The Moun­tain Strike Corps will be an in­valu­able in­stru­ment for es­ca­la­tory con­trol as also for en­larg­ing our politi­comil­i­tary op­tions.

It will be com­posed of all arms teams to in­clude in­fantry, ar­mour, ar­tillery, com­bat en­gi­neers, avi­a­tion, as also other en­ablers like long-range vec­tors, com­mu­ni­ca­tion as­sets, space and surveil­lance in­stru­ments, etc. The ca­pac­i­ties that we seek to cre­ate are com­pos­ite and not pred­i­cated on man­power alone.

SP’s: Has our in­tel­li­gence gath­er­ing ca­pa­bil­ity im­proved in re­cent times? How are we us­ing mod­ern tech­nol­ogy to gather mil­i­tary in­tel­li­gence? Does the In­dian Army have ac­cess to any ex­clu­sive satel­lite like the navy?


Tech­no­log­i­cal ad­vances in elec­tron­ics are be­ing used in col­lec­tion of elec­tronic in­tel­li­gence, sig­nal in­tel­li­gence and im­age in­tel­li­gence. Mod­ern tech­nol­ogy is be­ing utilised to col­lect, col­late and in­ter­pret in­tel­li­gence. Ad­vance­ments in re­mote sens­ing and im­age anal­y­sis have man­i­fested in greater ca­pa­bil­ity to an­a­lyse avail­able in­puts.

There are plans to up­grade equip­ment for ex­ploita­tion of fu­ture ad­vance­ments in space-based as­sets. In­dian Army has pri­or­ity ac­cess to CARTOSAT 2A, CARTOSAT 2B and RISAT 2 satel­lites. Due to the above, the ca­pa­bil­ity for real-time in­tel­li­gence gather- ing, col­la­tion, anal­y­sis and dis­sem­i­na­tion has re­ceived a tremen­dous fil­lip.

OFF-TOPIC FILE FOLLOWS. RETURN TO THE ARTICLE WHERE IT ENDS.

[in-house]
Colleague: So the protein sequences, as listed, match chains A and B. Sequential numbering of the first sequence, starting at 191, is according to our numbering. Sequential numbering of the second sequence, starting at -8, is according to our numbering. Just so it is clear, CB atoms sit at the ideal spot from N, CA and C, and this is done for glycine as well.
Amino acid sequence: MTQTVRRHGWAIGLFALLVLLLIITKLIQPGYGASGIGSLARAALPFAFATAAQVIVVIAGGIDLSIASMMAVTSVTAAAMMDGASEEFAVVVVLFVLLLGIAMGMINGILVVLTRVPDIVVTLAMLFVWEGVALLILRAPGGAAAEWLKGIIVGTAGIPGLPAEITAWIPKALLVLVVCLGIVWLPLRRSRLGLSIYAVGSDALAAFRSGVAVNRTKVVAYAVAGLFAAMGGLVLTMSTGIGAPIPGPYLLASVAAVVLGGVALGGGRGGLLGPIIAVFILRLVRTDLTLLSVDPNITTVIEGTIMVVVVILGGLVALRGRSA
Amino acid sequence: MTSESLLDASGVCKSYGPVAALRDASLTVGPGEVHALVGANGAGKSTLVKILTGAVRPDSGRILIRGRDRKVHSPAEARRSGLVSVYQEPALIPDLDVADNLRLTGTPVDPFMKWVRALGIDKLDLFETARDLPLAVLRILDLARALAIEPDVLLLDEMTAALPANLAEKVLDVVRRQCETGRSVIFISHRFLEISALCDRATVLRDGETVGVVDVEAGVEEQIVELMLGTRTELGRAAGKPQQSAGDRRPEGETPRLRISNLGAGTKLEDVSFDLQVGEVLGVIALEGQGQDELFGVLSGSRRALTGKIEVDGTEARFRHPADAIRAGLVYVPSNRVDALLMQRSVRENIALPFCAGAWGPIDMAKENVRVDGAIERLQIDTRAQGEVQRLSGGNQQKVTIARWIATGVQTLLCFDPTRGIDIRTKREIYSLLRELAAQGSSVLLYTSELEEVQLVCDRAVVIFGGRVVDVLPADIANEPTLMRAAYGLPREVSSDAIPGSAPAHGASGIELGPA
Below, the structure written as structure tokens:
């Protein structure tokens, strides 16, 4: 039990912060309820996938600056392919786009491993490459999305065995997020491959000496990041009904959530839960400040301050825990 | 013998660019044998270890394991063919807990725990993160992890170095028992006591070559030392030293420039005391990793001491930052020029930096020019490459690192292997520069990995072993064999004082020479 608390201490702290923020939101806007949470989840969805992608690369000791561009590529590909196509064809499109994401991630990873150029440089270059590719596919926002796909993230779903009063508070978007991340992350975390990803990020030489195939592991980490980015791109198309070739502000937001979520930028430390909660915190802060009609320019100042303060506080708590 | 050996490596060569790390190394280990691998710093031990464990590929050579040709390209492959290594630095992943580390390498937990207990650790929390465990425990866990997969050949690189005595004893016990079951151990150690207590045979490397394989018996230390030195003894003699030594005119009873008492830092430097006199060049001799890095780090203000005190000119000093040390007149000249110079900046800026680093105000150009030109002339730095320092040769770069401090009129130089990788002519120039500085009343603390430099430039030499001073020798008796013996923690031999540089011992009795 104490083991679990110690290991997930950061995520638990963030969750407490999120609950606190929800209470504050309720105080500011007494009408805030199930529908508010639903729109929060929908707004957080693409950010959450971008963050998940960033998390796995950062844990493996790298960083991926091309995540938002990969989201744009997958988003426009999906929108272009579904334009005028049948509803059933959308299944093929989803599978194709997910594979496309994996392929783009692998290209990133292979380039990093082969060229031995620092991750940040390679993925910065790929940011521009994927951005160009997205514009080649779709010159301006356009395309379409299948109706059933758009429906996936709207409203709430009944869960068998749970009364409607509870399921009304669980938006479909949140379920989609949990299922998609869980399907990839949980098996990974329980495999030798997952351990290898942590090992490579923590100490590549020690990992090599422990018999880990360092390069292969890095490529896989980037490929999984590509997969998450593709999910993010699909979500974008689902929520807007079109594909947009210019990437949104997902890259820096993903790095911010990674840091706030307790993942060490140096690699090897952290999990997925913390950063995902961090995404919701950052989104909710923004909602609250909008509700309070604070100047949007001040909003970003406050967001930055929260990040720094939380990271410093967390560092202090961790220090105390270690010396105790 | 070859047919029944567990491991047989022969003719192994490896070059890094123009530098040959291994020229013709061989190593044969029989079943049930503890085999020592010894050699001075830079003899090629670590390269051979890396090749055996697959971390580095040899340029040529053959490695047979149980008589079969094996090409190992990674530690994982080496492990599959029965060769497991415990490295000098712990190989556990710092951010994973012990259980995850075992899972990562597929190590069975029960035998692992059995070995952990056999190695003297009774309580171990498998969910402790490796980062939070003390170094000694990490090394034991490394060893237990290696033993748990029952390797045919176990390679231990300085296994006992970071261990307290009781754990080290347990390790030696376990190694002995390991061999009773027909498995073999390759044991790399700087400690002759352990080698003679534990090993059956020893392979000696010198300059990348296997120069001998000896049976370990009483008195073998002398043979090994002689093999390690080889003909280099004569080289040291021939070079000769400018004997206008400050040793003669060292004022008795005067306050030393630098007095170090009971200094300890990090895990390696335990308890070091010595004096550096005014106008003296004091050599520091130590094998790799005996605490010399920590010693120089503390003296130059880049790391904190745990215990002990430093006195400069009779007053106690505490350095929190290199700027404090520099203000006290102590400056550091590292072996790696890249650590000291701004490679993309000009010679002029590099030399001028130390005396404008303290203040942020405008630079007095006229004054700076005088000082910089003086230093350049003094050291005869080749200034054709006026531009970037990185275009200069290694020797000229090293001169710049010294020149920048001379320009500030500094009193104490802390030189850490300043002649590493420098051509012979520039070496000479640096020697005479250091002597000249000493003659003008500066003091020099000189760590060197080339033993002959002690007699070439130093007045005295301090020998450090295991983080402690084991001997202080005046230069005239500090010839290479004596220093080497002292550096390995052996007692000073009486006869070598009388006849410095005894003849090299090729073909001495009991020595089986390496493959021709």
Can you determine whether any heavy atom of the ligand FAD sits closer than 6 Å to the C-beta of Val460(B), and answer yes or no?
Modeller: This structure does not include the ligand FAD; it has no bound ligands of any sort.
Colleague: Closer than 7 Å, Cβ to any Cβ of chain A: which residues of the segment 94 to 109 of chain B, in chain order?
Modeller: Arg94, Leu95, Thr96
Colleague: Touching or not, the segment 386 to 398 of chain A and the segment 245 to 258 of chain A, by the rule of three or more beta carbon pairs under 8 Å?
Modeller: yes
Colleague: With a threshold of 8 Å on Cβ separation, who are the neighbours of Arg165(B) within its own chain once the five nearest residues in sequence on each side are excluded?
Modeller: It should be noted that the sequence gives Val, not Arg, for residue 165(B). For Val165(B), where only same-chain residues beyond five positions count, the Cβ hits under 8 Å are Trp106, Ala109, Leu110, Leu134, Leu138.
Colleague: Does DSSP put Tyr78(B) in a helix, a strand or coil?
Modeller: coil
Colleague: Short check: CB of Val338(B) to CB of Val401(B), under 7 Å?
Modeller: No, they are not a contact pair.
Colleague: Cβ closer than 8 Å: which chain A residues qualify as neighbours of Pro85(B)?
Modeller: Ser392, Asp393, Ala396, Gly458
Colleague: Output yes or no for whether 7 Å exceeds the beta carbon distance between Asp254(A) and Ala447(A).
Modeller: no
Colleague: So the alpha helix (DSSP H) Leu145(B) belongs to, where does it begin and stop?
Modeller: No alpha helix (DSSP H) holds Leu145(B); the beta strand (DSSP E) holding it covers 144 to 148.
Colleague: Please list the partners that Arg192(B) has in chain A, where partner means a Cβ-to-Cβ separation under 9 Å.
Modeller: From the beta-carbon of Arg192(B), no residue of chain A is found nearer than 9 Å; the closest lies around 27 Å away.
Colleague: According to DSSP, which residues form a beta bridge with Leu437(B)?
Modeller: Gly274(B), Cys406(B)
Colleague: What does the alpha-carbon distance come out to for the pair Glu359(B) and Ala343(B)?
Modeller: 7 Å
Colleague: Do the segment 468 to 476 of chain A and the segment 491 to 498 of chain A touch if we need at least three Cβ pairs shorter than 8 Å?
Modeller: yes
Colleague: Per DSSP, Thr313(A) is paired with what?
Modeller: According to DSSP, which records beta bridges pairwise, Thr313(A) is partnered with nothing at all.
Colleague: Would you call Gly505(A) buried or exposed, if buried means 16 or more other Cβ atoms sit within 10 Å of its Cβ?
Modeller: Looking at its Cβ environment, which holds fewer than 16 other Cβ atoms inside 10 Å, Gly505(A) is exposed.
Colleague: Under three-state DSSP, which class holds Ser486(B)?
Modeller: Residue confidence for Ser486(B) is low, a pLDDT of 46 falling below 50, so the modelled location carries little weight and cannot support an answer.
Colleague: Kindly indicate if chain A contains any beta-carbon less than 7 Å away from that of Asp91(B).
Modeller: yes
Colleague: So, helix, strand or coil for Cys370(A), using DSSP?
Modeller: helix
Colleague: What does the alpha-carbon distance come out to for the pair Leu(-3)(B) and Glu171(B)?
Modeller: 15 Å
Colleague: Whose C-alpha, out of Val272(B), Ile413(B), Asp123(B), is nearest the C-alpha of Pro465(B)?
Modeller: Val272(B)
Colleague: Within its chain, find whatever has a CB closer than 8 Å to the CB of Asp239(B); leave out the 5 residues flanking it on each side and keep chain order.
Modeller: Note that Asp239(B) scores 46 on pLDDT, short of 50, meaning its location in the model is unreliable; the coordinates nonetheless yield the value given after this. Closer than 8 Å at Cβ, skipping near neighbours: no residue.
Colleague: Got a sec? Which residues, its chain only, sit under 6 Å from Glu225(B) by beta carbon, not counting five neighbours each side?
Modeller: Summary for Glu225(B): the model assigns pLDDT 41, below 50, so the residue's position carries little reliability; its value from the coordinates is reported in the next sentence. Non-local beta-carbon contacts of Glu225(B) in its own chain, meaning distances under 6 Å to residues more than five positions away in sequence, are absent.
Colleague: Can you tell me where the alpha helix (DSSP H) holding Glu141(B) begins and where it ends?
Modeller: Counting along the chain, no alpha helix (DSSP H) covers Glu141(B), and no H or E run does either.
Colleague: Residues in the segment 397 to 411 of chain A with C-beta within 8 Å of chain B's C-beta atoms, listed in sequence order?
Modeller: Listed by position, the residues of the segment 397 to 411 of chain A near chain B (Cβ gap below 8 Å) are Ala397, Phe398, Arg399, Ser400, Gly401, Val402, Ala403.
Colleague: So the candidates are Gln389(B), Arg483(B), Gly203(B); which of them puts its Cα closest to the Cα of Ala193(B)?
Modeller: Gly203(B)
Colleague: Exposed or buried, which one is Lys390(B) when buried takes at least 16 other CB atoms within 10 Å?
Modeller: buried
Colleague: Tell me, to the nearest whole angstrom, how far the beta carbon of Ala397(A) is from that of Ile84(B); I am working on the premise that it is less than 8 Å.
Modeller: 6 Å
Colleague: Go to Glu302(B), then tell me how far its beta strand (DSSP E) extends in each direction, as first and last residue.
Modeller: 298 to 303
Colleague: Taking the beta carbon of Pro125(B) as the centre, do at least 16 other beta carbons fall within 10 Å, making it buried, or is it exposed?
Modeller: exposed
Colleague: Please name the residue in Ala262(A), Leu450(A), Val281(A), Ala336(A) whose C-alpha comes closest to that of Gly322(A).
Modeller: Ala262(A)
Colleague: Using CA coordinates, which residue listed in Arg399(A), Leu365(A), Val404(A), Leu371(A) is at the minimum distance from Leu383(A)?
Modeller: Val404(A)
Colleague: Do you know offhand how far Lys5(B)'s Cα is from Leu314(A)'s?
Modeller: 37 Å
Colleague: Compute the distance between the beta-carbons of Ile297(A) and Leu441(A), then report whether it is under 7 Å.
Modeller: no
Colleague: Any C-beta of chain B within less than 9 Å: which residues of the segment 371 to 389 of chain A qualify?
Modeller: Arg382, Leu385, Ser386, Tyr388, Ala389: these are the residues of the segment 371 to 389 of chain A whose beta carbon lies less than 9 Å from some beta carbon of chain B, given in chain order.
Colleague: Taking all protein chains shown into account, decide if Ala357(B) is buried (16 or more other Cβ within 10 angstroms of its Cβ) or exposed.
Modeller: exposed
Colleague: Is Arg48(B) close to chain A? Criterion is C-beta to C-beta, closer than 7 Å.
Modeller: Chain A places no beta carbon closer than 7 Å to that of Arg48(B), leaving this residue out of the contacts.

SP’s: In view of the nu­cle­ari­sa­tion of our re­gion, ma­jor state-to-state wars are not likely. If in­deed we are go­ing to fight bor­der wars, near or close to the bor­der, de­fence and se­cu­rity will merge. How should the na­tion use its com­pre­hen­sive na­tional power to tackle such sit­u­a­tions which have ex­ter­nal and in­ter­nal di­men­sions? COAS:

Wars to­day have be­come a ‘whole of na­tion ef­fort’. Our se­cu­rity threats are more com­plex, mul­ti­di­men­sional and hy­brid in character. Tra­di­tional re­sponse mech­a­nisms need to be re­viewed and adapted to re­main rel­e­vant. Any na­tion needs to use the right mix of its var­i­ous in­stru­ments of power to suit the sit­u­a­tion and the de­sired end state.

In our con­text, joint­man­ship be­tween the three ser­vices and in­ter-agency co­or­di­na­tion will be crit­i­cal to achieve suc­cess both against ex­ter­nal threats as well as in­ter­nal se­cu­rity chal­lenges. The In­dian Army will then be used in con­cert with other in­stru­ments of na­tional power to achieve na­tional ob­jec­tives.